It's still easier to reach a point where you have internalized most of the grammar, than to reach a point where you rarely need to look up a word.

When I say 'read' that means I can read it (as in pronounce it) and know its general meaning. (I didn't seperately memorize kun-yomi and on-yomi in case you were wondering).

And yes, I could write it out in kana/romaji. But I probably won't be able to understand what I wrote, I have a tough time reading 100% kana :lol:


Prove it. Plus you really ought to look up some grammar points; your immersion obviously hasn't served you sufficiently well to internalize an understanding of the grammar. Tae Kim's guide is free online; no purchase necessary. If you want to continue your immersion while learning grammar, try out Niwa Saburoo's grammar book instead.


Prove it?
それ程多くの漢字が読めるのなら、この文章を読んで分かると思います。それとも、「漢字」だけが読めて、「言葉」や「文章」が読めないのでしょうか。
それ は ほど おおく の かんじ が よめる のなら、 この ぶんしょう を よんで わかる と おもいます。 それとも、 「かんじ」 だけ が よめて、 「ことば」 や 「ぶんしょう」 が よめない の でしょう か

It's hard to prove over the internet, but I read it 100% correctly when I first saw what you wrote. Spaced it so it isn't a pain in the arse to read.

Edit: And I've been to the first part or so of Tae Kim, but the problem is it's boring, and I don't like boring in my self-study. :mrgreen: I think in 2 years time, I will be fine if I read enough Japanese, just like I did with English.

Edit 2: Damn, I feel bad for stealing the TC's thread, sorrry :lol:
epokw
 
Posts: 16
Joined: Sun 12.07.2008 11:14 am

Re: Heisig, RTK Experiment

Postby richvh » Sun 12.07.2008 1:59 pm

Not bad, except you inserted a は between それ and ほど. Of course, the real proof of having internalized grammar is being able to compose sentences.
Richard VanHouten
ゆきの物語
richvh
 
Posts: 6451
Joined: Thu 09.29.2005 10:35 pm

Re: Heisig, RTK Experiment

Postby nukemarine » Sun 12.07.2008 7:58 pm

The conversation again is drifting from the RTK Experiment. I'm sure there are other threads that can be used to discuss what qualifies as reading.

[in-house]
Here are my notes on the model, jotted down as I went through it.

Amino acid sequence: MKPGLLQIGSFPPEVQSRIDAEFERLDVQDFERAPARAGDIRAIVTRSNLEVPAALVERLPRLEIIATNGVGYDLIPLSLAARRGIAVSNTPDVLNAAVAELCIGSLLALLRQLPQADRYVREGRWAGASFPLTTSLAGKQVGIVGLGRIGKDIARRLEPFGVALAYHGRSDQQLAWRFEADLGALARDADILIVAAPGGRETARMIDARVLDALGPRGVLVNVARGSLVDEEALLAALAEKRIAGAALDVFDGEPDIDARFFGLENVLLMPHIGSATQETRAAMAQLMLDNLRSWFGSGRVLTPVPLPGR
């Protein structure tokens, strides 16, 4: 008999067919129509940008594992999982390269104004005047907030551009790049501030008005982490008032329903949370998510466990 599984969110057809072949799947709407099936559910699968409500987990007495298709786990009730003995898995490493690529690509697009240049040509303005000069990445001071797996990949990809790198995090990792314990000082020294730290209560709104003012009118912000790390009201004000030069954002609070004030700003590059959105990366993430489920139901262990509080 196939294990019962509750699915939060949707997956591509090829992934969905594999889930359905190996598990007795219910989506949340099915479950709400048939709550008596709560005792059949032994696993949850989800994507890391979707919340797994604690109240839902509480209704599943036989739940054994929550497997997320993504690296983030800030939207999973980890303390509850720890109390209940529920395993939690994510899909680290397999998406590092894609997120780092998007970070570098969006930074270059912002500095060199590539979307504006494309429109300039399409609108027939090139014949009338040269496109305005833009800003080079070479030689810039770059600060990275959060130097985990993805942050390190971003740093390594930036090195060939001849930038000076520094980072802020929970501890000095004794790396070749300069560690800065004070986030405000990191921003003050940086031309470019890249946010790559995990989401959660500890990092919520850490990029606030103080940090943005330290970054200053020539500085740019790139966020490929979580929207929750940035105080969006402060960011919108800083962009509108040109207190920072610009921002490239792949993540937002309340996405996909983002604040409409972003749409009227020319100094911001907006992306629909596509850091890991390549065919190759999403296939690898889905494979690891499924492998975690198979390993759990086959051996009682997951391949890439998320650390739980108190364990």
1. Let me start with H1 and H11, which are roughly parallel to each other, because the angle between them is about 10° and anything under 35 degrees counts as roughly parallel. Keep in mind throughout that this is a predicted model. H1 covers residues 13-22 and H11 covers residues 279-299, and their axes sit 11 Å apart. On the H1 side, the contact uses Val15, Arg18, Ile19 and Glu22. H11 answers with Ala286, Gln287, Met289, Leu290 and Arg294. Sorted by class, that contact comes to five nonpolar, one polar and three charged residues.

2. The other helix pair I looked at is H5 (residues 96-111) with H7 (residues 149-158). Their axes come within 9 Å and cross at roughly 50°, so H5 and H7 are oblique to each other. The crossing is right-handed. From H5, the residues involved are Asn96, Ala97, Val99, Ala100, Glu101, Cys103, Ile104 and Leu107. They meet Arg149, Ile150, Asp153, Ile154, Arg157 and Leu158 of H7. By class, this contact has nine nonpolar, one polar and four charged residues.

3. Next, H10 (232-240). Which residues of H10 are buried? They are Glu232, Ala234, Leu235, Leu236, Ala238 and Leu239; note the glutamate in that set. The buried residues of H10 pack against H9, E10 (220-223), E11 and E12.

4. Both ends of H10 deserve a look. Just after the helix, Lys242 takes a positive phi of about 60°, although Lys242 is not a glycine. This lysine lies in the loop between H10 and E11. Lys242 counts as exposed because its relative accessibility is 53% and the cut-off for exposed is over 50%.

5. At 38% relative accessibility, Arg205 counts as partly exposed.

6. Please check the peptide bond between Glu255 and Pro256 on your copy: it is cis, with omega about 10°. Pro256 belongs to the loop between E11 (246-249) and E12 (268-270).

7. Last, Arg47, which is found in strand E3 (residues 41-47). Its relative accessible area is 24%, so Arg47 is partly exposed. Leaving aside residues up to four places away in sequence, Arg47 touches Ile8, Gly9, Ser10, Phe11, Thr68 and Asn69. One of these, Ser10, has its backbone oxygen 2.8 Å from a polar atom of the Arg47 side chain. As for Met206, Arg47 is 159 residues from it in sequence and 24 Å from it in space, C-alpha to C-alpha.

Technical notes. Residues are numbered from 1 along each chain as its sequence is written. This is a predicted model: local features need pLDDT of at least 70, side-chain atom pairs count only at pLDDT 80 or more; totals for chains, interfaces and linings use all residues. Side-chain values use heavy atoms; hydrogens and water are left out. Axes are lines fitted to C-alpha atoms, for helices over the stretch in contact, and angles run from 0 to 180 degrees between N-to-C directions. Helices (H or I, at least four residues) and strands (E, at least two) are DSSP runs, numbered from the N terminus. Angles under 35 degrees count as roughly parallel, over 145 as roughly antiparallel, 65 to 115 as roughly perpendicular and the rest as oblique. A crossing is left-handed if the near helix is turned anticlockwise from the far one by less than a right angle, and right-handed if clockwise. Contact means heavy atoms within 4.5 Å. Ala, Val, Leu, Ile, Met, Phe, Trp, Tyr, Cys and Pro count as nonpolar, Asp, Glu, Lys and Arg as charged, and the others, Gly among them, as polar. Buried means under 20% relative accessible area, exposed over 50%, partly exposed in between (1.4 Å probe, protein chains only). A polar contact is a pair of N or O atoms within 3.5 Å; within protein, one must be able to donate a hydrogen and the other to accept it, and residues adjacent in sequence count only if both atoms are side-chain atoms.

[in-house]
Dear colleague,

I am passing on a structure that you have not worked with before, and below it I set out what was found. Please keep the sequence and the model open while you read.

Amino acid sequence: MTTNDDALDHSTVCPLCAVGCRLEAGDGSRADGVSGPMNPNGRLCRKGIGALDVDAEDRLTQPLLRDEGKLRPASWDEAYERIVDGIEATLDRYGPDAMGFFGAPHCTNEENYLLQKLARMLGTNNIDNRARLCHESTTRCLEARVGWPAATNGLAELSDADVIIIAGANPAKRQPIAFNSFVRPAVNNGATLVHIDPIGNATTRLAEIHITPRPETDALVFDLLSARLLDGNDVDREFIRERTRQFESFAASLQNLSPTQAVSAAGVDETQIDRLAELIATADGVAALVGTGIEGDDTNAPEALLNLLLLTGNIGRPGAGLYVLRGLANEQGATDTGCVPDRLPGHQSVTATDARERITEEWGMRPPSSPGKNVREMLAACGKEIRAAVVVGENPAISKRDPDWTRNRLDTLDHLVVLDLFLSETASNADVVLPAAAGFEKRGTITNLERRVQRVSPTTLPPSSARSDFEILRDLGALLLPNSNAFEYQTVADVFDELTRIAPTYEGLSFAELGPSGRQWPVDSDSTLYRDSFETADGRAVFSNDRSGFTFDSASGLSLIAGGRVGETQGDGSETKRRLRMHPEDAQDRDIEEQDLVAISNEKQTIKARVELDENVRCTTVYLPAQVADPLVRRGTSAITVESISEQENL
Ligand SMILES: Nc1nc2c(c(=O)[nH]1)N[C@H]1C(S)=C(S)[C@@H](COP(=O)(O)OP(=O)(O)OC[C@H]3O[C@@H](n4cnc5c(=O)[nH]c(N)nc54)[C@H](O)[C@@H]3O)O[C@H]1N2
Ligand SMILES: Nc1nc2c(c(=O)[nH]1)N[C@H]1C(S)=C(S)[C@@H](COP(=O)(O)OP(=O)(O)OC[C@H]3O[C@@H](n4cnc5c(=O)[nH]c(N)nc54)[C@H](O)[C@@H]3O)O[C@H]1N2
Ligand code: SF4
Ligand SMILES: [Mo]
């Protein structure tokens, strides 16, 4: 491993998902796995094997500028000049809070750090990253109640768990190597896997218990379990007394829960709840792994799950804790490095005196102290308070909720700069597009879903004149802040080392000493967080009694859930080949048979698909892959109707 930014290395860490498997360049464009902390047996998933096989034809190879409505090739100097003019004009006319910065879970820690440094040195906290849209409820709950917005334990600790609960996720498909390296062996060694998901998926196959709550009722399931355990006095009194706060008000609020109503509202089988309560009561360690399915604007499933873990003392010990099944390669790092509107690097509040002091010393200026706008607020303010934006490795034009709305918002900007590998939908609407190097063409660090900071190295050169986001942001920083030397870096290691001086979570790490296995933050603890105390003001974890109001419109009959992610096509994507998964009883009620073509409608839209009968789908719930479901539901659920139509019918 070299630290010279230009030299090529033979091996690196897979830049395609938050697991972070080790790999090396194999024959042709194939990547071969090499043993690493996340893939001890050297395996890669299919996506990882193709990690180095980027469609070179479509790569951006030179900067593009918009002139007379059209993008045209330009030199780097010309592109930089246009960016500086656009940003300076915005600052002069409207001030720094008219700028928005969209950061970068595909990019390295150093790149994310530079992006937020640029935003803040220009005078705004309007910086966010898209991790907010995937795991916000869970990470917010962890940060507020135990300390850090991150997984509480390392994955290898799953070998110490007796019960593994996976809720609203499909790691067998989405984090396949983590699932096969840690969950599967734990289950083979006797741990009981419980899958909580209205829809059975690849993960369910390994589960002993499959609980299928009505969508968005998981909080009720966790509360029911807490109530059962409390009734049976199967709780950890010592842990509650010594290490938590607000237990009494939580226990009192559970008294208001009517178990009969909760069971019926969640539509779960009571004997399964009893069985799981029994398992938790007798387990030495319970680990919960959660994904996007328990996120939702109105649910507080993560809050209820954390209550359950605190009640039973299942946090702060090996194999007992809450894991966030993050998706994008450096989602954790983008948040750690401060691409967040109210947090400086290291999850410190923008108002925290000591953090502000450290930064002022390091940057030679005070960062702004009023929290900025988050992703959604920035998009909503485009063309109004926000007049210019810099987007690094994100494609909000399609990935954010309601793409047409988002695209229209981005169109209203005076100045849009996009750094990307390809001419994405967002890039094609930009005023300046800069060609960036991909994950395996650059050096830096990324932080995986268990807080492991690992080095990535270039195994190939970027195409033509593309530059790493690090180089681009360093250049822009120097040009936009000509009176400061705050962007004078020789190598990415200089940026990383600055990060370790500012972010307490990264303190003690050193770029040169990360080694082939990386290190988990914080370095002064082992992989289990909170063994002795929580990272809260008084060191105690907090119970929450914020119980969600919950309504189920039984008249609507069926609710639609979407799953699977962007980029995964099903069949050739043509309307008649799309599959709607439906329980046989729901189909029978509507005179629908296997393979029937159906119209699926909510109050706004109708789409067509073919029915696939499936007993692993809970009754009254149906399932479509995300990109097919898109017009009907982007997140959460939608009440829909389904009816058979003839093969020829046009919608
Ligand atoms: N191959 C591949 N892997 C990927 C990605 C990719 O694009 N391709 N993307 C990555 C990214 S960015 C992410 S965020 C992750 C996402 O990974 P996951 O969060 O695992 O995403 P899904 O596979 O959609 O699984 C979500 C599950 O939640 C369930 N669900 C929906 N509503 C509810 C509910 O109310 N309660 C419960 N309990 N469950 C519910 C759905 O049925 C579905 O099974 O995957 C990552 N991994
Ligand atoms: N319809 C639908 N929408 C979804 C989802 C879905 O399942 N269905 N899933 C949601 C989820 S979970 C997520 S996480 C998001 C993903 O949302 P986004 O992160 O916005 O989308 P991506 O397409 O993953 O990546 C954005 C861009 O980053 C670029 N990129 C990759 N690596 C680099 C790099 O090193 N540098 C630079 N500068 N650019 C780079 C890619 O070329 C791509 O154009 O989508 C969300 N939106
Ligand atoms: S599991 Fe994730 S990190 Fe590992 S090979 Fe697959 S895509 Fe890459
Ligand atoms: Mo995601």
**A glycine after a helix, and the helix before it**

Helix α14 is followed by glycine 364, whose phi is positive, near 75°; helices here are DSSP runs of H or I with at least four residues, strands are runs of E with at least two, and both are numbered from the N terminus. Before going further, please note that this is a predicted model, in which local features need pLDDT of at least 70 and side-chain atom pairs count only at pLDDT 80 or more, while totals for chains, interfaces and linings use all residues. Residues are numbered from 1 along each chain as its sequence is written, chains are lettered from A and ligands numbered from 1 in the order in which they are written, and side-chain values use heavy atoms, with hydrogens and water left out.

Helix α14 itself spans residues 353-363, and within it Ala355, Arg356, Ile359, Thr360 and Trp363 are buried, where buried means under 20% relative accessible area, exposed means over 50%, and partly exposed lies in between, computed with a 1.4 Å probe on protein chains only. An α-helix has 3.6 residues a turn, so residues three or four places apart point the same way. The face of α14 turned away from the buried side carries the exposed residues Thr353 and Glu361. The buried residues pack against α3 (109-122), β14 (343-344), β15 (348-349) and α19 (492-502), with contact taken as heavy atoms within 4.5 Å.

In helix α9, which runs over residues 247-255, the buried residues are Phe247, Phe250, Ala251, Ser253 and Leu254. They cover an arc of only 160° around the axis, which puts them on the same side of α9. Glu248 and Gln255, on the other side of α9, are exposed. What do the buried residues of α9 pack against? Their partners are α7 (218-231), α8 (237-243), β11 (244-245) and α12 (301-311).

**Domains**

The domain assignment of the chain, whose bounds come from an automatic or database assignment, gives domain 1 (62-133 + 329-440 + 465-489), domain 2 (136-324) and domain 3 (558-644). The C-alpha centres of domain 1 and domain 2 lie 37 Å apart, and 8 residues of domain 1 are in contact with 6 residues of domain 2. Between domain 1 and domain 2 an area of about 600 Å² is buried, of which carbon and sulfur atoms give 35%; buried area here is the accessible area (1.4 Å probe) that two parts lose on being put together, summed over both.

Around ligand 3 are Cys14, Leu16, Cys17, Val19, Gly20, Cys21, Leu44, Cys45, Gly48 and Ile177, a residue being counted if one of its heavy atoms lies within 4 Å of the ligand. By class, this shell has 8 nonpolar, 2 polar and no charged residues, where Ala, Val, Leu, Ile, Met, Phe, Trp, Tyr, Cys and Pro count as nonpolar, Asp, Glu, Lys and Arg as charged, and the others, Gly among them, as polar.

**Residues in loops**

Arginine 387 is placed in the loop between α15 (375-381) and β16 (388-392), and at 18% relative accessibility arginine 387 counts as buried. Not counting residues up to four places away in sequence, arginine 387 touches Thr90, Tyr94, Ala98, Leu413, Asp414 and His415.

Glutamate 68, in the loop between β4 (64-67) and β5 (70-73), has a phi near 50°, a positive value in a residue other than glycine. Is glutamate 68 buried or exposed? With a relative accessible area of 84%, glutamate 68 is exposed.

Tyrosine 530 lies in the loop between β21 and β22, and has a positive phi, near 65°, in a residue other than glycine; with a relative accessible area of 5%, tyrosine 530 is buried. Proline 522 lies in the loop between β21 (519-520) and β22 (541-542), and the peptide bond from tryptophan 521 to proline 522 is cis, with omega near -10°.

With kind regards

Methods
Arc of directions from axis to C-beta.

Dustin, are you noticing what you're doing having an impact in the Japanese you read (websites, manga, subtitles)? Experiencing tangible benefits from RTK that kept me going. For me, it was walking around town and seeing kanji that actually meant something.
nukemarine
 
Posts: 200
Joined: Wed 10.10.2007 5:33 am

Re: Heisig, RTK Experiment

Postby Dustin » Mon 12.08.2008 12:10 am

Wow, a LOT of drift happened here....

nukemarine wrote:Dustin, are you noticing what you're doing having an impact in the Japanese you read (websites, manga, subtitles)? Experiencing tangible benefits from RTK that kept me going. For me, it was walking around town and seeing kanji that actually meant something.


Well given my elementary level of Japanese, I am seeing a huge improvement in my understanding of written Kanji that I come across. I will admit that many times that I read some random stuff, I can tell what the general meaning is from the keywords presented, however there are also many times where I will come across kanji that I recognize and the meaning is not at all related to the keyword.

I also will see some kanji compounds that I will recognize the component parts, and if it is a vocab word I already knew then I will immediately recognize it, making linking the vocab to kanji compounds much easier.

Like I said, it is common to find these gems that I understand, but moreso that i see kanji that i recognize but do not understand them.

It is also rare for me to be able to instantly correlate a kanji compound with vocab I have already learnt, but it does happen :D This stresses the importance of learning vocab AND the Kanji and being able to associate them. I find it is easier to make sense of a Kanji compound after I have already learnt and understand the vocab associated with it. ( This is not always necessarily true, but so far I have found it much easier PERSONALLY to learn to write and recognize a particular kanji, and then tag a word or words to it.

Anyways, back to the ORIGINAL point of this thread, My progress on the RTK is approximately 700 to date. I am going a little slower lately due to a number of issues I am having in my personal life.